2.1. Defining the Set of Predictors

We searched in PubMed for systematic reviews and meta-analyses on risk factors in community-dwelling elderly people; search strategy: (((risk OR odds OR OR likelihood OR sensitivity OR specificity OR AUC OR ROC OR calibration OR discrimination))) AND ((((((falls [title]) OR fall [title]) OR faller [title])) AND ((meta-analysis [Publication Type]) OR systematic review [title])) AND ((elderly OR older OR aged OR senior OR seniors))). Inclusion criteria were systematic reviews and meta-analysis on prospective cohort studies including community-dwelling elderly persons. We extracted the risk factors for falls that were statistically significant in the meta-analyses. For each factor we extracted the coefficients (i.e., log of the odds ratio) for the prediction of falls in community-dwelling older adults from the meta-analysis with the most included participants or studies for the given predictor.

2.2. Devising the Set of Questions

Based on seven existing questionnaires for the self-assessment of fall-risk [1317, 44, 45], we devised a set of questions that covered most of the fall-risks found in the previous step (review of reviews). The questions were written in German and translated into French and submitted to seven health professionals and two laypersons with the question about the understandability. Amendments were made if necessary.

We included ten questions about personal characteristics and a question about the self-perceived risk of falling, as well as the understandability (comprehension of the questionnaire) and suggestions for different formulations.

The questionnaire was implemented in an online survey system (SurveyMonkey [46]).

For the monthly follow-up we assessed whether a person fell during the last months and the number of falls. A fall is often defined as “an event which results in a person coming to rest inadvertently on the ground or floor or another lower level.” [47]. For our study, we decided to exclude falls in sports activities such as biking, skiing, or mountaineering. Based on feedback from participants at the first monthly follow-up, we added a question about the activity at which the falls occurred and two questions to assess the level of physical activity as recommended by Gill et al. [48] for the later follow-ups.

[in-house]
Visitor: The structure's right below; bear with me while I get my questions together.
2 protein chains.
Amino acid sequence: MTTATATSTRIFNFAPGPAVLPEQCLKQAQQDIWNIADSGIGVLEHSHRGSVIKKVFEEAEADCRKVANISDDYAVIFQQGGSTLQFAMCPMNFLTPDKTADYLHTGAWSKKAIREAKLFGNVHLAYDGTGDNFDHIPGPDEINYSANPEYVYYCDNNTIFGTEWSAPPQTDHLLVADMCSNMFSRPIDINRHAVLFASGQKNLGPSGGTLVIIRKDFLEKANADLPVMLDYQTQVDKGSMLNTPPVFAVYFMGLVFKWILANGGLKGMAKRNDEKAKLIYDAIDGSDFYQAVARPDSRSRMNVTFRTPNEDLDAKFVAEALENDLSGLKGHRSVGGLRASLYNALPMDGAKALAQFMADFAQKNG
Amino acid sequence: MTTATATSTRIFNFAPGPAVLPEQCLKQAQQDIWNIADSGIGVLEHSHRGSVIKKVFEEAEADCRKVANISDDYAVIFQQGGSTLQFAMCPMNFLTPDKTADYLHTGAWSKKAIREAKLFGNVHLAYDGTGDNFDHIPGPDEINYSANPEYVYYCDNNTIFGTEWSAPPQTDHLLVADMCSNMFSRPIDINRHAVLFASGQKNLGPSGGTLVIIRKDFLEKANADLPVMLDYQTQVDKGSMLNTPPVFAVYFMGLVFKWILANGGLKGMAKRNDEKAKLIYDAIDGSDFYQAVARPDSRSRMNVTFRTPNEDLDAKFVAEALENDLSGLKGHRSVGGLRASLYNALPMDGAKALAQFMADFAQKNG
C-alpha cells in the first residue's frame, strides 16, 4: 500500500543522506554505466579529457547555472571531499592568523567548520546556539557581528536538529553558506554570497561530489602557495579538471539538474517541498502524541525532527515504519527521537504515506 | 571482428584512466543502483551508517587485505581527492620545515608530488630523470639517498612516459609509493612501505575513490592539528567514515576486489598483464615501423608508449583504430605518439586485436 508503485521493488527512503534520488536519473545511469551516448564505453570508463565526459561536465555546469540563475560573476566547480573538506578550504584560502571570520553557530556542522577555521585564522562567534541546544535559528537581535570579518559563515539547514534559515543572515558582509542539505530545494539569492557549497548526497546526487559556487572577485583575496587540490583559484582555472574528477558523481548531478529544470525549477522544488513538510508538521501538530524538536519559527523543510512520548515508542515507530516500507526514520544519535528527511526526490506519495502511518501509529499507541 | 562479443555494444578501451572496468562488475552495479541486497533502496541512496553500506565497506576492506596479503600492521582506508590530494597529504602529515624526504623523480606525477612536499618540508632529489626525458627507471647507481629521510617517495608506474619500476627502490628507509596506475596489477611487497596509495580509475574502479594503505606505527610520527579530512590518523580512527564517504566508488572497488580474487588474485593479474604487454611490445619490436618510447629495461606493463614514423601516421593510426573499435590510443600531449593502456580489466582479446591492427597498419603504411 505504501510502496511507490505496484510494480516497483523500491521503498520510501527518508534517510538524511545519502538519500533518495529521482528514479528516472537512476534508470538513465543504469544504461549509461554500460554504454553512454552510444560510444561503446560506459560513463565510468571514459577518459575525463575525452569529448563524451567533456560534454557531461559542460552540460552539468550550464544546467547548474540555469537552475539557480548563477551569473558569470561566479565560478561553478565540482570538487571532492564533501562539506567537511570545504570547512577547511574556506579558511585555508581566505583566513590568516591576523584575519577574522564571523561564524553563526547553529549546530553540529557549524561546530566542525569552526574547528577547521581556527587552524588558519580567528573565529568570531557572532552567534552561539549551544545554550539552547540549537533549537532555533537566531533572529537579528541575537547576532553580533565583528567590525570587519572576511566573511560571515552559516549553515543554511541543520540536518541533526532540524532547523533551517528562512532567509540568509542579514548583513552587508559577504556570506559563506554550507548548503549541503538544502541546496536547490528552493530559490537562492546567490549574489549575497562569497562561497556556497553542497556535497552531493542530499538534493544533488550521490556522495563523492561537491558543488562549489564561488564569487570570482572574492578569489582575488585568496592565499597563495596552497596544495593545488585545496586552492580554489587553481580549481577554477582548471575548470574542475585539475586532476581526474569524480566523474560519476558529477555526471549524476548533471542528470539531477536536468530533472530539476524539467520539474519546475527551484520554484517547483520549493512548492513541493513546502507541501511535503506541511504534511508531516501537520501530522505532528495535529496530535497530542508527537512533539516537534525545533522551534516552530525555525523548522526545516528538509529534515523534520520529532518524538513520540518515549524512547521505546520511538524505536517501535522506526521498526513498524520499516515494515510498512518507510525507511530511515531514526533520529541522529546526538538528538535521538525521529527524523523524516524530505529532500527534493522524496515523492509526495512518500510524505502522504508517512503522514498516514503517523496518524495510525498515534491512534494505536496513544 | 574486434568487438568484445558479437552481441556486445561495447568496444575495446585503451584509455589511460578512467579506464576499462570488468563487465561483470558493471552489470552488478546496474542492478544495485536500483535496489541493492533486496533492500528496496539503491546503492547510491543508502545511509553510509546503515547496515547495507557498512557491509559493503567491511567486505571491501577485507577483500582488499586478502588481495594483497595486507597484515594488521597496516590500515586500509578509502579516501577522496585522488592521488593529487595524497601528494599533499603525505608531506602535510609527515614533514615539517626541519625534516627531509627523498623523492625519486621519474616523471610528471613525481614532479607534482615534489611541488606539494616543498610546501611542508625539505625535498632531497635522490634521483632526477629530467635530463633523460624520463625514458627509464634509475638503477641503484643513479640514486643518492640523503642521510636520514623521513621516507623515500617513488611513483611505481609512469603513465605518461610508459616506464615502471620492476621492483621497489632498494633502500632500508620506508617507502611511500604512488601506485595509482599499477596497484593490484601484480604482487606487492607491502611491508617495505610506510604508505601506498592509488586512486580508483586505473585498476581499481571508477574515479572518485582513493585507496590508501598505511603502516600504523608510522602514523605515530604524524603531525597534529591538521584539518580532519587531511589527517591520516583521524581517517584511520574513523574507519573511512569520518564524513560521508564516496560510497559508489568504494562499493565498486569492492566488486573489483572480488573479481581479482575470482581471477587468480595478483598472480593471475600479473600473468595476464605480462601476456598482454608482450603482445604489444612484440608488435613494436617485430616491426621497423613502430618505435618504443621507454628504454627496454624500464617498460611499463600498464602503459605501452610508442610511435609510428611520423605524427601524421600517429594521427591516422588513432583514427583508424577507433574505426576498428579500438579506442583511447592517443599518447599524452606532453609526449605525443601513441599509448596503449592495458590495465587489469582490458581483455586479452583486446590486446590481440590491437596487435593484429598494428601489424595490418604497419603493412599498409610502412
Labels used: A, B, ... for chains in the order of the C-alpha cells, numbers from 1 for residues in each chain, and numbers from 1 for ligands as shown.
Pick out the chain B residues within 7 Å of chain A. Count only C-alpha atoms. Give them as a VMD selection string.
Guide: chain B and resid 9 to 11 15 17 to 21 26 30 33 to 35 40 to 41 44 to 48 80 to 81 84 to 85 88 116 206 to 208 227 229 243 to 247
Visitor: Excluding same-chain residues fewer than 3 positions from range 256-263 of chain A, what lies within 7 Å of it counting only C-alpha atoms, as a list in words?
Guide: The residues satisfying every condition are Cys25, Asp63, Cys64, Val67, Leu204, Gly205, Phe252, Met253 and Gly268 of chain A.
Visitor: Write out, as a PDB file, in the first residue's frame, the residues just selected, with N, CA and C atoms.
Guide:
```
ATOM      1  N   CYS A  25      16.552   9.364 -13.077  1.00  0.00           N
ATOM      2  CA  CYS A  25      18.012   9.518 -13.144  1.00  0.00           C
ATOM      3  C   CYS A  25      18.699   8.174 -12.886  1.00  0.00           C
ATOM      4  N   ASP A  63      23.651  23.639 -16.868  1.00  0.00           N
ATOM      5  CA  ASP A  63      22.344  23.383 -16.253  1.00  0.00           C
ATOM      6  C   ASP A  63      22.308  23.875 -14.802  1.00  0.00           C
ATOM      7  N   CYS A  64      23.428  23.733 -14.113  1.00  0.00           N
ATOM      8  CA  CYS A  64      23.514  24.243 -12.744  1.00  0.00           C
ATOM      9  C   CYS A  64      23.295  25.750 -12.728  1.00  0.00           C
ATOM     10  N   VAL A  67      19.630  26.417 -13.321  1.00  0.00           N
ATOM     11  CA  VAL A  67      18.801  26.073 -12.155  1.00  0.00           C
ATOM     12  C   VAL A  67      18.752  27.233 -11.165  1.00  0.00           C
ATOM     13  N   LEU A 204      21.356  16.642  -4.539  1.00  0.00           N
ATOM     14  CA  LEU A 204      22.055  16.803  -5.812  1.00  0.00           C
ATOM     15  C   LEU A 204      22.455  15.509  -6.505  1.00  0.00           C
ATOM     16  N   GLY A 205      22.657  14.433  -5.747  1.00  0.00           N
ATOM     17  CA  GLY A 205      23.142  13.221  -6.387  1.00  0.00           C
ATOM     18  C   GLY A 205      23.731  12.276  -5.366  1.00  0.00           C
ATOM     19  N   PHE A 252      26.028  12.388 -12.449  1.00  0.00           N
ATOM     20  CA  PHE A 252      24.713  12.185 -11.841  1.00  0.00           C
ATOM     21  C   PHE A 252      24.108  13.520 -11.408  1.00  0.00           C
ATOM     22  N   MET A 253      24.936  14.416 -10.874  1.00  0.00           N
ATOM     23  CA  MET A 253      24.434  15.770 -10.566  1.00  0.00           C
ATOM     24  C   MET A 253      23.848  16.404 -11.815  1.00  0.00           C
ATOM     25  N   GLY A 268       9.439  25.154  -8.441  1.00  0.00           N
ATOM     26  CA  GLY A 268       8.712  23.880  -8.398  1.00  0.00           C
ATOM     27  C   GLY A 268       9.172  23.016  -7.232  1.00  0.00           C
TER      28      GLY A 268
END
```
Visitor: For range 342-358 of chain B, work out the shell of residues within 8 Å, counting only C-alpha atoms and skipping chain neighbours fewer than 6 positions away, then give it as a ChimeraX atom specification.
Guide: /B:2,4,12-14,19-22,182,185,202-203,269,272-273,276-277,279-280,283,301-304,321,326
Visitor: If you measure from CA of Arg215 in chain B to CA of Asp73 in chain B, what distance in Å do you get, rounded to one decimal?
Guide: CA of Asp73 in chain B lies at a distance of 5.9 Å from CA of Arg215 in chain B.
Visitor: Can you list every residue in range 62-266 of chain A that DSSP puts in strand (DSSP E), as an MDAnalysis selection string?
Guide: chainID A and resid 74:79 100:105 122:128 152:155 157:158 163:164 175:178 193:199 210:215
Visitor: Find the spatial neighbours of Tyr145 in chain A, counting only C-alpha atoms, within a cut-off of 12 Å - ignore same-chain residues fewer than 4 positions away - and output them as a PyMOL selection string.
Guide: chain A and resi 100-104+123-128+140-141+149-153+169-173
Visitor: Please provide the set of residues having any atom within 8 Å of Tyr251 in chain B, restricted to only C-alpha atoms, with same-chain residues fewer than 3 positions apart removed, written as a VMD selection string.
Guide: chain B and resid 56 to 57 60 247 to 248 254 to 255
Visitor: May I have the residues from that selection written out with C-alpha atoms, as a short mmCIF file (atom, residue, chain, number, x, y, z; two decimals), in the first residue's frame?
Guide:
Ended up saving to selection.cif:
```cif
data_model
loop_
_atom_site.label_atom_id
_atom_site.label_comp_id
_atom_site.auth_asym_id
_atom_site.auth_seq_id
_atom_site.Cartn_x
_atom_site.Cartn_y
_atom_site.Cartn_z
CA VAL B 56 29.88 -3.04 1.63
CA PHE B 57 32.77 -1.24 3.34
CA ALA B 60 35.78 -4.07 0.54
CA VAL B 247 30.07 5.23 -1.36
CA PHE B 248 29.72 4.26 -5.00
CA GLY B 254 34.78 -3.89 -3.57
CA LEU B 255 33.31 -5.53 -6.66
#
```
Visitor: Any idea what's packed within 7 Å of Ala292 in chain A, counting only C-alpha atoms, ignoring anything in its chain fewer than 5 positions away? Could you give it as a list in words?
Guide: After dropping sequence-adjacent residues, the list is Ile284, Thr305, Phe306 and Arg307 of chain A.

2.3. Prospective Cohort Study

The main part of this study was a longitudinal cohort study with a six-month follow-up (falls assessment and assessment of physical activity). Study participants were community-dwelling elderly persons aged 60 years or more. They had to be able to walk independently, with or without walking aids. German and French speaking participants were included if they had an e-mail address.

Participants were recruited by a snowball-sampling method [49]. This method allows the inclusion of participants that are difficult to achieve. If our hypothesis is true that our target population has a low awareness of their risk to fall, they would, for example, most probably not respond to other sampling methods such as information leaflets or advertisements in journals. Other sampling methods such as phone number lists are nowadays not valid anymore, because a large subset of the population is not listed in directories (phone books). A first set of e-mails with a link to the online survey (SurveyMonkey) was sent to acquaintances with a description of the target population (i.e., describing inclusion criteria); they were then asked to send the e-mail to their acquaintances, and so on. For six months, the monthly fall assessment was sent by e-mail via SurveyMonkey.

Sample Size. We used a convenience sample consisting of the 134 participants responding to the e-mails sent out with the snowball method. This sample size allowed the estimation of the incidence of falls and univariable association between risk factors and falls with enough statistical precision.

The project was conducted in accordance with the Declaration of Helsinki (1964) and was approved by the relevant ethical committee (CCVEM 014/14). All participants provided informed consent to the participation.

2.4. Adaptation of the Questionnaire

Based on the feedbacks on the understandability and the suggestions for alternative formulations, propositions for amendments were prepared. The final amendments will be part of a future project including a larger sample of experts including elderly persons.

2.5. Statistical Analysis

Descriptive statistics were presented as mean and standard deviation or as proportions, as appropriate. To express the association between risk factors and falls we calculated odds ratios and risk ratios and corresponding 95% confidence intervals. We used Stata Version 14.0 [50]. We calculated both risk and odds ratios because risk ratios are easier to interpret but the odds ratios allow a better comparison with published prediction tools. If a participant did not return a monthly falls follow-up, we assumed that there was no fall in this month.